[Distutils] Current Python packaging status (from my point of view)

Nick Coghlan ncoghlan at gmail.com
Wed Nov 2 10:32:34 EDT 2016

On 2 November 2016 at 03:01, Chris Barker <chris.barker at noaa.gov> wrote:
> Nick missed the key point about conda. He mentioned that conda allows you to
> manage the python run-time itself, which is in deed a nice feature, but
> getting a python run-time as never been the hard part (maybe on Linux if you
> want a different one than your system supplies).

I didn't miss it accidentally, I left it out because it wasn't
relevant to the post (which was about the ecosystem design direction,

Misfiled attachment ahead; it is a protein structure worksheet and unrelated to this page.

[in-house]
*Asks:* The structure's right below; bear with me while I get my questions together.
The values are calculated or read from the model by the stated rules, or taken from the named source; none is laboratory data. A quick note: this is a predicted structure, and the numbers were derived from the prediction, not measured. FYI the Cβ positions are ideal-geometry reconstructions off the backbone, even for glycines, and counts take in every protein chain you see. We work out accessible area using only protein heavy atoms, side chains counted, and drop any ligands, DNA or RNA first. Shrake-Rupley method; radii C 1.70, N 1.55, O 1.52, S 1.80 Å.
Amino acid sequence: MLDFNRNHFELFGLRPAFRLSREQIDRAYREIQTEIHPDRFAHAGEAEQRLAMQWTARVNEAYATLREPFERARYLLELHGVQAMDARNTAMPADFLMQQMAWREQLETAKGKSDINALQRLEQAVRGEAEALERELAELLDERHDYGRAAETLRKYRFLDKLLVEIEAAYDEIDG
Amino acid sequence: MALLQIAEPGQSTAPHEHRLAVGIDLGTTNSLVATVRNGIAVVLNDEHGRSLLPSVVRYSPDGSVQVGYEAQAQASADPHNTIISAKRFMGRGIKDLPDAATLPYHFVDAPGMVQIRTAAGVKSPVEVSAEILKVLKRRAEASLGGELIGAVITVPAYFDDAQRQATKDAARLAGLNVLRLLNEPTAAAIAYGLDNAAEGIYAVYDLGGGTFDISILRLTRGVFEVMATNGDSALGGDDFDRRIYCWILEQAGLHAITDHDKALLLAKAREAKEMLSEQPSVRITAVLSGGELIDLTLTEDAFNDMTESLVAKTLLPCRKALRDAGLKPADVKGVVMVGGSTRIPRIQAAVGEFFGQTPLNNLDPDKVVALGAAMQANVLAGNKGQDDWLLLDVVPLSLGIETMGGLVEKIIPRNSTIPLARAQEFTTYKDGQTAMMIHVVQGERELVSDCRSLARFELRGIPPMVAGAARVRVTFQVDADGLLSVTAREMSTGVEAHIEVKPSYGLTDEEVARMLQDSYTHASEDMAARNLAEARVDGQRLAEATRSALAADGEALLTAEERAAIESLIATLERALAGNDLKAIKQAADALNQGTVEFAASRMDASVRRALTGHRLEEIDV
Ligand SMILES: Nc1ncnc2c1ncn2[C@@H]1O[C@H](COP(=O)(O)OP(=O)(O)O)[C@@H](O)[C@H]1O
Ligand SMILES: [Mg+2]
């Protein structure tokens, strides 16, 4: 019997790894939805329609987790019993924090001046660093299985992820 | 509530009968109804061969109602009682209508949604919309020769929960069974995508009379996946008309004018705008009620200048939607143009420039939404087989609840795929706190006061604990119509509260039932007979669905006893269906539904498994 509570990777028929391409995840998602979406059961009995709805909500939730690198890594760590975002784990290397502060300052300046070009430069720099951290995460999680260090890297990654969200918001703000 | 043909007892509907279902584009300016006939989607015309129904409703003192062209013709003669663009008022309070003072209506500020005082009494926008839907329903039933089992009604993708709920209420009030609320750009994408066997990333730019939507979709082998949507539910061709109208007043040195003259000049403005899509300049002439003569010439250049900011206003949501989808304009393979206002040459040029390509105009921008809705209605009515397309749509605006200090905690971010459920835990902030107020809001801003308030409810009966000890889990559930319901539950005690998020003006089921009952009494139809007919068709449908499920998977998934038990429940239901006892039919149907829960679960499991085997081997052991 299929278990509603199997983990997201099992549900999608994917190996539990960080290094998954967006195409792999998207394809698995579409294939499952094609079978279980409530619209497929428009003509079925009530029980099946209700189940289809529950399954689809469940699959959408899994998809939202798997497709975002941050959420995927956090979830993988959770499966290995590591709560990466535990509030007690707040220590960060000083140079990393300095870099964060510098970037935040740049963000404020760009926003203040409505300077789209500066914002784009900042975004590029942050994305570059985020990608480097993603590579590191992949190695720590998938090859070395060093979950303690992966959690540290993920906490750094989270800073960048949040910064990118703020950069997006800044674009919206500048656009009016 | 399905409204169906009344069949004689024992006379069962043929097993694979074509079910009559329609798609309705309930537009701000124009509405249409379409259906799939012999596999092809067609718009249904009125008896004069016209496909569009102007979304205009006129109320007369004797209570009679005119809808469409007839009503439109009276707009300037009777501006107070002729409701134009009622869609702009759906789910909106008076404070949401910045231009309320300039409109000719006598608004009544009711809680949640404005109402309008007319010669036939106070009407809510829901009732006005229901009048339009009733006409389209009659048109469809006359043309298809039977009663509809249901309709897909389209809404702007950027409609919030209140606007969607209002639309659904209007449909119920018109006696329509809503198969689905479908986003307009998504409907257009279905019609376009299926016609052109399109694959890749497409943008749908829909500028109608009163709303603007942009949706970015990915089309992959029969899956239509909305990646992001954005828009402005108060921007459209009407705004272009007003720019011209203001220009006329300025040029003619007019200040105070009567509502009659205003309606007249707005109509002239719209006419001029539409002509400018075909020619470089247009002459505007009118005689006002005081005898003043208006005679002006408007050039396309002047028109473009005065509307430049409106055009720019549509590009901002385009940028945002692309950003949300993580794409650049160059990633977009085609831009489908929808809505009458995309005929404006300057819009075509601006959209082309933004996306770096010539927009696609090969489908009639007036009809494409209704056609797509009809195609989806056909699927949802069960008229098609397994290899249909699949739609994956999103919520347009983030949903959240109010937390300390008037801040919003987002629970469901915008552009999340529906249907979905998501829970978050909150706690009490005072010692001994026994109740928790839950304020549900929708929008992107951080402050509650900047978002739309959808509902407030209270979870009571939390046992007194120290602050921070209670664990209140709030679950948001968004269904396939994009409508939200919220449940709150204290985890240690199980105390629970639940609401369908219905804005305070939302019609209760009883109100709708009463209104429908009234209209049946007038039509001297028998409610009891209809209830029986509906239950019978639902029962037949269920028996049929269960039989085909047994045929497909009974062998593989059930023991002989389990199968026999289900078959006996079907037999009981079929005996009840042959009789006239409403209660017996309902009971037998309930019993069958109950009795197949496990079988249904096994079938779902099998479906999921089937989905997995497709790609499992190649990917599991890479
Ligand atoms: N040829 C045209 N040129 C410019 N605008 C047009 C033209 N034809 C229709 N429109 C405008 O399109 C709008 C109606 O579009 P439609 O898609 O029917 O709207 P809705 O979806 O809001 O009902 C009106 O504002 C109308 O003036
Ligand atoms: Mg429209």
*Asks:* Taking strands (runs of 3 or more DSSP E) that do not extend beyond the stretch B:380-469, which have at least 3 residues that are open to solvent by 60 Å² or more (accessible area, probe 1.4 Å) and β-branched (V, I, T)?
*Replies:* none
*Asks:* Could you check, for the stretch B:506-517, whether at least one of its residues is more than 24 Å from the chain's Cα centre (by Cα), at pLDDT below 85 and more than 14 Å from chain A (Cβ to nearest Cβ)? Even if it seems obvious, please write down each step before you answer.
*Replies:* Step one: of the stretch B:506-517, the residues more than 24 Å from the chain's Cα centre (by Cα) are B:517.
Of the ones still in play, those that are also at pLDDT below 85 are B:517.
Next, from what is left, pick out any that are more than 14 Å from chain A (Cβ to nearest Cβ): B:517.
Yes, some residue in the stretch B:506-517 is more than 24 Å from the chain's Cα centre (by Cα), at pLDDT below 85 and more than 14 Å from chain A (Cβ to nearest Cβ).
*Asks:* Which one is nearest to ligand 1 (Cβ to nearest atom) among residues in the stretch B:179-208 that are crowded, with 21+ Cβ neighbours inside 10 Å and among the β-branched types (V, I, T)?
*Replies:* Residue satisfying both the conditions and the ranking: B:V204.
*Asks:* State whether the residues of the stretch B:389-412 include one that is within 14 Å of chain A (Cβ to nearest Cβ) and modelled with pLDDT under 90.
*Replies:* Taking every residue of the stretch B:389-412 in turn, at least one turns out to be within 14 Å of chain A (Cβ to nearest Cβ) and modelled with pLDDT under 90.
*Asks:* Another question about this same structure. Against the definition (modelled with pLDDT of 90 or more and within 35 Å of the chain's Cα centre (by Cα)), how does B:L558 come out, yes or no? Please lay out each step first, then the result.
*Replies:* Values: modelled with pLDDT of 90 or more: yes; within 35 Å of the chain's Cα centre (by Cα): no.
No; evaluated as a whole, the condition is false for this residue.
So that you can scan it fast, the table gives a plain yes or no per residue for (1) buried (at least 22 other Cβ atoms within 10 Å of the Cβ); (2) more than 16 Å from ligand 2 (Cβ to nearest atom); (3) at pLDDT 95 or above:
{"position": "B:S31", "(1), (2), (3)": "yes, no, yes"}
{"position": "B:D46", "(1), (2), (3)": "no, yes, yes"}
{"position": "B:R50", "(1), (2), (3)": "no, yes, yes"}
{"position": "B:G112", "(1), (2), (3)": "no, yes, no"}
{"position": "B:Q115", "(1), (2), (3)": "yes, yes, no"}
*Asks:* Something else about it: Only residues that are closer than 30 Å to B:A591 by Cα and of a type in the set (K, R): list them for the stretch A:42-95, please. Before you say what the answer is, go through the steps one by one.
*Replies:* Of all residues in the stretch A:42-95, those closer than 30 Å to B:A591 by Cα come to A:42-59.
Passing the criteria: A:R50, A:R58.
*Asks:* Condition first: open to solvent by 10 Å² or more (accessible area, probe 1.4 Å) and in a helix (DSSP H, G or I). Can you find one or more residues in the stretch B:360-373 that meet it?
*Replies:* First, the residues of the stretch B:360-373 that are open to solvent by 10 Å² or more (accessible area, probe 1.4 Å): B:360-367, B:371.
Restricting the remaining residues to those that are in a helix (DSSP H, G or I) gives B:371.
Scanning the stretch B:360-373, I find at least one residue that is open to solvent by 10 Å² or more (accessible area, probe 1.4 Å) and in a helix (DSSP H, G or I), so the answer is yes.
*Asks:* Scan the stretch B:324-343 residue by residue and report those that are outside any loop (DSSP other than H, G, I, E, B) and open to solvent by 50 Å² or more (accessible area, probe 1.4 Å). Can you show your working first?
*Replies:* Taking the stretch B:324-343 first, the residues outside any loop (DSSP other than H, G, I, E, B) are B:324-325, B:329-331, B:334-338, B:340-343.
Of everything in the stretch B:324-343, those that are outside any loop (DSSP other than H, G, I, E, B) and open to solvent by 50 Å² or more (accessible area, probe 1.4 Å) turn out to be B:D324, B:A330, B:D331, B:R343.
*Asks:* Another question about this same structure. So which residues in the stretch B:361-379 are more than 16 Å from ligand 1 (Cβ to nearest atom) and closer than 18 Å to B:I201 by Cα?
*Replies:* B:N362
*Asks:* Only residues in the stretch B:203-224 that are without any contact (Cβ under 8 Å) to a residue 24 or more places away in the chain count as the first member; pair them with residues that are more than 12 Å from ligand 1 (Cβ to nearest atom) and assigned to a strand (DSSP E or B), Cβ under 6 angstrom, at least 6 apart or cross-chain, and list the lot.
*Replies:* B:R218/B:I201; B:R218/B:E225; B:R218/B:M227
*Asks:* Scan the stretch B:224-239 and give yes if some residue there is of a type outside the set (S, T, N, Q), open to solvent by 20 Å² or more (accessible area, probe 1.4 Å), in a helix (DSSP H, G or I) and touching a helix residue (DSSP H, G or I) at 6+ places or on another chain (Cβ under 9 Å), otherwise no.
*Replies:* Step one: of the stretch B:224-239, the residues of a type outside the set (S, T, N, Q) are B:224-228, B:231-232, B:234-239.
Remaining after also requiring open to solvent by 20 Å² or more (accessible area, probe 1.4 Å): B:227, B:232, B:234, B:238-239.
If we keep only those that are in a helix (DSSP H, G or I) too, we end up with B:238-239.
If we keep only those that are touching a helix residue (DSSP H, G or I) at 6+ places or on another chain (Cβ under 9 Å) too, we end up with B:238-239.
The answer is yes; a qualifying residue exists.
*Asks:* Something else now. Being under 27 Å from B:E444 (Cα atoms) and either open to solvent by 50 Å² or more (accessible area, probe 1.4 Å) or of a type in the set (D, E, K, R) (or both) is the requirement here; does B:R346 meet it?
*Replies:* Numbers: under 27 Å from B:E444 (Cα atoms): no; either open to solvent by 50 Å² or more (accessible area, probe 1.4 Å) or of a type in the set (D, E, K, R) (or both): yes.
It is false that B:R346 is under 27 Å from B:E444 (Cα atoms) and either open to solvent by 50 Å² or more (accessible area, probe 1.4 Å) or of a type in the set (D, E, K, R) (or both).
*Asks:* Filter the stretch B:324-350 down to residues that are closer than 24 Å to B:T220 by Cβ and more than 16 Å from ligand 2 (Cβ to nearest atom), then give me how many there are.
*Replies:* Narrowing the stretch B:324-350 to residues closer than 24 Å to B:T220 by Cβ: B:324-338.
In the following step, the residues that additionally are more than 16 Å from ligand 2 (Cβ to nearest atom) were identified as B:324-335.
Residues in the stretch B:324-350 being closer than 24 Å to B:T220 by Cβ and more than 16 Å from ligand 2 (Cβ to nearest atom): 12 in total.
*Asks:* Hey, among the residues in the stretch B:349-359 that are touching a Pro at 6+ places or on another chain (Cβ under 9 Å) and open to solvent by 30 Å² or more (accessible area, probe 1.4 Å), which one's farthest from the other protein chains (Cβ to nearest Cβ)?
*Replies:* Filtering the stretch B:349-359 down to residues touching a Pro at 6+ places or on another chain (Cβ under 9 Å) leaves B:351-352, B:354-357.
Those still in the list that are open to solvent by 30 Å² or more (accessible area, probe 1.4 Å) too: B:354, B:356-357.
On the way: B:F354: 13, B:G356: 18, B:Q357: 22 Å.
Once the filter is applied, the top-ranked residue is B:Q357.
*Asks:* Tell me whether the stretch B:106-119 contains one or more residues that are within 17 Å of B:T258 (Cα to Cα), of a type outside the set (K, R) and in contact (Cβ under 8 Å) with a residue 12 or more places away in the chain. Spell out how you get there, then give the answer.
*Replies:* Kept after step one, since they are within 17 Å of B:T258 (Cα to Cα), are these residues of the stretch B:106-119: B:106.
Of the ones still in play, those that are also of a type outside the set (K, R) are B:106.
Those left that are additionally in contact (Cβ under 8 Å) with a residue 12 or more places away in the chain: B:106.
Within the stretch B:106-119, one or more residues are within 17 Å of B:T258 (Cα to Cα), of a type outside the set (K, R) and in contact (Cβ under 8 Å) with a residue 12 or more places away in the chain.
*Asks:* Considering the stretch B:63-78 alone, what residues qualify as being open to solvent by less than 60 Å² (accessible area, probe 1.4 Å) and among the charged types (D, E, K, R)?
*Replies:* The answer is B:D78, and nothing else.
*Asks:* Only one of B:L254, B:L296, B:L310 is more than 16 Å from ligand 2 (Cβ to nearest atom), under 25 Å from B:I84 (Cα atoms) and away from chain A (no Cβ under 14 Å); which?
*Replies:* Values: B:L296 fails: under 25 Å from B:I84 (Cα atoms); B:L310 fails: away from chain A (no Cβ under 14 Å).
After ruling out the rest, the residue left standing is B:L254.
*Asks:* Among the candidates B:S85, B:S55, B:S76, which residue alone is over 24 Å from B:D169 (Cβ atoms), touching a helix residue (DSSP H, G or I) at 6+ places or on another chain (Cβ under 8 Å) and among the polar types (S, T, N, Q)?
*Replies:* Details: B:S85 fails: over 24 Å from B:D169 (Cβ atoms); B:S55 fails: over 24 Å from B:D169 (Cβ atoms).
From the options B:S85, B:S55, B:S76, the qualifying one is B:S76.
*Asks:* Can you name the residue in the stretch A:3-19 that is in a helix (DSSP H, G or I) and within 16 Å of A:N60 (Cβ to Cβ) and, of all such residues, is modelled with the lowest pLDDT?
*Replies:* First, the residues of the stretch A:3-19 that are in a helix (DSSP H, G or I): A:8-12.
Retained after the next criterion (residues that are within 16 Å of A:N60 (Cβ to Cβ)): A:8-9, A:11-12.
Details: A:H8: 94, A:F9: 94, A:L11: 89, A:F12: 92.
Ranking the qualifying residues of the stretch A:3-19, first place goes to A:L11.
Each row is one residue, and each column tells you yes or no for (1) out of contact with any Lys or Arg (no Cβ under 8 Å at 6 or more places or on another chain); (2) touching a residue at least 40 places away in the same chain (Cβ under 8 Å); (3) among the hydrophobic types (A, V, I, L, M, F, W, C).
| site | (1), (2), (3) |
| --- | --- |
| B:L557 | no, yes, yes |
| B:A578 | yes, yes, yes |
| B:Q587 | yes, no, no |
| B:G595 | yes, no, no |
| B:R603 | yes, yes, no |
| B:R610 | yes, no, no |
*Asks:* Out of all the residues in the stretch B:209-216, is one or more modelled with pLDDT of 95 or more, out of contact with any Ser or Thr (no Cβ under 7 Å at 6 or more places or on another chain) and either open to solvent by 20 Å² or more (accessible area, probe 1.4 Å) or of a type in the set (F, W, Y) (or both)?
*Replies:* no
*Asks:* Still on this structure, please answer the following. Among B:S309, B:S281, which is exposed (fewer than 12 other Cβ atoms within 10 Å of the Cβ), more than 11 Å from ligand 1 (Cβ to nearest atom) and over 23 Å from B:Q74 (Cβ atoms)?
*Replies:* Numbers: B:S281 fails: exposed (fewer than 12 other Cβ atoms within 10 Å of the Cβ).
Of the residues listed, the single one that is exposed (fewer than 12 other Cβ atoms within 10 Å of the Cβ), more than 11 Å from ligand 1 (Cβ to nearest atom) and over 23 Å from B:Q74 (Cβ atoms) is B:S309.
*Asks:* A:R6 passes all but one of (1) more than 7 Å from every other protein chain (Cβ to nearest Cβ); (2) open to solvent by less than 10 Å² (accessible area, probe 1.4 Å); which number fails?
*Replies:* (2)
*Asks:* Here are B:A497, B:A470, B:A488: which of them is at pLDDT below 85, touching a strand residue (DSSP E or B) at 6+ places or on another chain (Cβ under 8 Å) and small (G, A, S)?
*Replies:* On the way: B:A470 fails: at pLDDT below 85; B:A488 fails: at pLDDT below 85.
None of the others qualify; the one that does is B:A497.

not the end user features that make the desire to use pip
incomprehensible to a lot of folks).

Designing software assembly tools for interpreted software is a system
integrator's game, and when people are writing Python code, there is
one absolutely 100% unavoidable integration task: choosing which
Python runtimes they're going to support.

But as an ecosystem designer, even if you only consider that single
core integration activity, you have already hit a fundamental
difference between pip and conda: conda requires that you use a
runtime that it provides (similar to the way Linux distro packaging
works), while pip really doesn't care where the runtime came from, as
long as it can run pip properly.

Essentially all the other differences between the two systems stem
from the different choice made in that core design decision, which is
why the two aren't substitutes for each other and never will be - they
solve different problems for different audiences.


Nick Coghlan   |   ncoghlan at gmail.com   |   Brisbane, Australia

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